Never judge a book by its cover, and all that.
But, jeez, helluva cover. I've bought programmes that've looked considerably shabbier
than "Scars And Stripes", with its full colour front, splendidly designed interior and
glossy furnishings. Of course, there's nothing wrong with the classic DIY fanzine look -
BSaD's been built on the triumph of content over style - but you can't beat a quick
run-through with a spell-checker....
For those suspicious of gift-wrapped turds, "Scars And Stripes" is forty pages of belting
reading. Neatly sidestepping the usual pitfall of devoting a ridiculous and tedious
amount of time to rubbishing of local rivals (that can't be easy when your rivals are as risible as Palace),
the whole thing fairly reeks of quality.
It's lovely stuff. Nothing mind-shattering, nothing you'd want read at your funeral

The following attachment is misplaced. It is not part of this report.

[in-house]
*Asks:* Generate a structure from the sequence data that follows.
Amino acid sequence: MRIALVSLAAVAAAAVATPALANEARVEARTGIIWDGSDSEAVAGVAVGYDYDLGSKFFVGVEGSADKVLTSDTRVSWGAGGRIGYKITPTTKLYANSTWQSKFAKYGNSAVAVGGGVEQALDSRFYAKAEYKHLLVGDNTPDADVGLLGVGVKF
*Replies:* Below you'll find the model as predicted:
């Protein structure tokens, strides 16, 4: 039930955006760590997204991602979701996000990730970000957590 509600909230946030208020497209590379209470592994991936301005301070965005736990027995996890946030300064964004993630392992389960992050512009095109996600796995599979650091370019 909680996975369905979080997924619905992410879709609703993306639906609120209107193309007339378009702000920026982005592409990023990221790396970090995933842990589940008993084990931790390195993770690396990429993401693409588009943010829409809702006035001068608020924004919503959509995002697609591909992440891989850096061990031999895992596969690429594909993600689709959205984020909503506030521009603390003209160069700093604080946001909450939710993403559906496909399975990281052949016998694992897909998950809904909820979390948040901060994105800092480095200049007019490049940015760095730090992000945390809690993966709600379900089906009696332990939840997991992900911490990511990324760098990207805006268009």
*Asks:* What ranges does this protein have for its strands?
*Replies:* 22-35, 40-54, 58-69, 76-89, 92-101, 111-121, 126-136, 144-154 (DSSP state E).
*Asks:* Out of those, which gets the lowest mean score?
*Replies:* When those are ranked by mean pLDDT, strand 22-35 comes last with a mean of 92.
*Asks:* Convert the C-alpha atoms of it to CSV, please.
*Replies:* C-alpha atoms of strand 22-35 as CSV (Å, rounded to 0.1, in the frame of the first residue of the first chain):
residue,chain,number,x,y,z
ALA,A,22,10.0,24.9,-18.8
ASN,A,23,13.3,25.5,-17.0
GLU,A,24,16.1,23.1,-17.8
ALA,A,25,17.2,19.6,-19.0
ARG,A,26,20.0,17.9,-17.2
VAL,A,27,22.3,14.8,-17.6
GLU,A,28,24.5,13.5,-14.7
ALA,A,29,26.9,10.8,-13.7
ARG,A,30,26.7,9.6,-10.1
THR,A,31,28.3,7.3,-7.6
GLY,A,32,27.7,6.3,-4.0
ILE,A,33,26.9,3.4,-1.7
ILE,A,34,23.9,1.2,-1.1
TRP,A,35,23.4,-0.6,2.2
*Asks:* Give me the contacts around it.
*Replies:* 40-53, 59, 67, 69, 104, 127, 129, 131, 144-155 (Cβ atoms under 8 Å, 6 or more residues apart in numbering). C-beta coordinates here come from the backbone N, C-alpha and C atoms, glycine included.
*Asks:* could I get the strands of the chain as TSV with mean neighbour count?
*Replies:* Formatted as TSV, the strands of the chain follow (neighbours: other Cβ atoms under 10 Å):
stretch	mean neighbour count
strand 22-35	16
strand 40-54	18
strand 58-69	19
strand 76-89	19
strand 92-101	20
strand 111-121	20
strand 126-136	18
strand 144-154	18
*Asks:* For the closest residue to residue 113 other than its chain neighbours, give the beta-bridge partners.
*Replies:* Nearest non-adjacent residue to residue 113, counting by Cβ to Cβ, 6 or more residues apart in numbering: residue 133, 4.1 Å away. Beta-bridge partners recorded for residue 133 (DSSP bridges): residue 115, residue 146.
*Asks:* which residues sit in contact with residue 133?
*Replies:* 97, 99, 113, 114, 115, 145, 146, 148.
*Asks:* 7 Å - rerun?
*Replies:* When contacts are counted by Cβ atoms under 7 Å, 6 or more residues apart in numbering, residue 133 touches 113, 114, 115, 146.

as an explanation of the meaning of life. Just a series of charming doodles, articles
that are often barely 'about' anything at all or stroll cheerfully off on entertaining
tangents at every opportunity. Which, in case you'd not noticed, is something I'm rather
As ever, there are bits that are impenetrable to anyone without intimate knowledge of
the Albion reserve team. That goes with the territory. But much of it transcends club
boundaries - stories are stories, wherever they're set.
In aiming high, in seemingly trying to be something that's accessible to all fans, not just
the most politicised or the most laddish, "Scars And Stripes" is more than a commendable attempt -
it's a cracking, bargain-for-a-quid triumph.